The (Un)Common Good

Jim Wallis’ book The (Un)Common Good: How the Gospel brings hope to a world dividedis a reissue of his 2013 book On God’s Side: What Religion Forgets and Politics Hasn’t Learned about Serving the Common Good.  The book is a call to move beyond personal and partisan concerns and to consider what is best for everyone. Wallis’ claim is that Christians have something important to contribute to our national discussion. In fact it is because we are commanded to love our neighbor and our enemy, that we must participate in the common good.

Sometimes Wallis is dismissed as too political or too liberal and if you think that, I encourage you to read this book. His discussion of the common good surpasses simplistic liberal/conservative and political/religious divides. He is not simply calling for more government programs but rather for changed lives.

Wallis writes, “But the public discussion we must have about the common good concerns not just politics but all the decisions we make in our personal, familial, vocational, financial, congregational, communal, and yes, public lives. It is those individual and communal choices that will ultimately create the cultural shifts and social movements than can change the world and turn history in different directions (kindle loc 178)

The book is divided into two parts. Part One is “Inspiring the Common Good” and here Wallis lays out his deeply Christian reasons for believing the common good matters.  Briefly stated, being Christian involves more than just where you spend life after death. Being Christian involves how we live in this world. Faith is more than politics. There is more to faith than right wing issues, but we also need more than a religious left to balance out the religious right. And faith needs to be lived out in our life together for the common good.  “Don’t go right, don’t go left; go deeper” (kindle loc 282)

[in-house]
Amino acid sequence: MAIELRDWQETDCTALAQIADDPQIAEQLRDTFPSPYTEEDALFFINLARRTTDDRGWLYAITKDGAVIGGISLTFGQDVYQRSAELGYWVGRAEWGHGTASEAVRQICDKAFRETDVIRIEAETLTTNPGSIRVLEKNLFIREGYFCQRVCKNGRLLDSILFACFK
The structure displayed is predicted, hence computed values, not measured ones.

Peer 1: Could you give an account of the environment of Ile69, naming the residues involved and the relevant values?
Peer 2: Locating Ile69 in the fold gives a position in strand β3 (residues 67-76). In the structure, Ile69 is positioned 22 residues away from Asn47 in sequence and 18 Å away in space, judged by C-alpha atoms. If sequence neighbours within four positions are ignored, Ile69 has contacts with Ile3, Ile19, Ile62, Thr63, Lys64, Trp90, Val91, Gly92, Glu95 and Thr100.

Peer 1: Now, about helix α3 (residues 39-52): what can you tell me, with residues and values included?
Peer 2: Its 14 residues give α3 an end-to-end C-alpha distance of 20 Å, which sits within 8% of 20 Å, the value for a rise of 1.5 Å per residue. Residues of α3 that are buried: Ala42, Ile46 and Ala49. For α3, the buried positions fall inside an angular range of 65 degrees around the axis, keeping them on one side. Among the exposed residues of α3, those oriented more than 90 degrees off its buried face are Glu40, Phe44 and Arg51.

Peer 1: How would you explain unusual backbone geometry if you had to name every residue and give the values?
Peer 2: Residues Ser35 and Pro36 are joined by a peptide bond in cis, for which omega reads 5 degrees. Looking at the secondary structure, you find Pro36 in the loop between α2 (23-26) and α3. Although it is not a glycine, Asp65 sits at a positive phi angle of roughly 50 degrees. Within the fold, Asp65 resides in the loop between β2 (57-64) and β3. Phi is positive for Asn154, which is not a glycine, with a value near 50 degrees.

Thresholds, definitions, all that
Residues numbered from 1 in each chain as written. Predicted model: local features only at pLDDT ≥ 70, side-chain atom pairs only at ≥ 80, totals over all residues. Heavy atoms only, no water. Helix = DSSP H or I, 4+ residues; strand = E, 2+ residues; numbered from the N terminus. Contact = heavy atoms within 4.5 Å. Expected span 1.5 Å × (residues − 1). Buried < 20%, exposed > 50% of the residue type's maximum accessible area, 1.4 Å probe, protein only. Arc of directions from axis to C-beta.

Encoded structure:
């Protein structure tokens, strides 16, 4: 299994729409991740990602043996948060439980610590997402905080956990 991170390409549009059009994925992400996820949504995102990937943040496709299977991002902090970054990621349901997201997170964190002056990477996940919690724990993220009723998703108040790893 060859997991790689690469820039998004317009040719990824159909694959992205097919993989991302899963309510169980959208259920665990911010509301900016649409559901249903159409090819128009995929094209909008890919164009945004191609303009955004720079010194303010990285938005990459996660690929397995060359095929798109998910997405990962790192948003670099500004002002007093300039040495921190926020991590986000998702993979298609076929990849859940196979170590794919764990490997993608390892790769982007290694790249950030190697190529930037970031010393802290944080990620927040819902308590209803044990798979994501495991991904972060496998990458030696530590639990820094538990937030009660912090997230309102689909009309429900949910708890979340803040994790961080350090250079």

The second part of the book explores practices for the common good – civility, democracy (for Wallis democracy finds its warrant in the biblical idea that all persons are created in the image of God), economics, service, justice, strong healthy households and how we care for others.

Wallis ends the book with 10 personal decisions he encourages his readers to make for the common good. My conservative friends might be surprised that the first item is ” … make your children the most important priority in your life.” and the second “If you are married, be faithful to your spouse.” I’ll let you read the book for the other 8.

Wallis wants Christians to think seriously about what following Jesus demands of us. We may not agree on all the details but if we step back and talk to each other- about family and neighborhood, and jobs and what makes for a good life we might discover we have much more in common that we have been led to believe. We have nothing to loose but our divisions.

Note: I received a free e copy of this book from NetGalley in exchange for my review.

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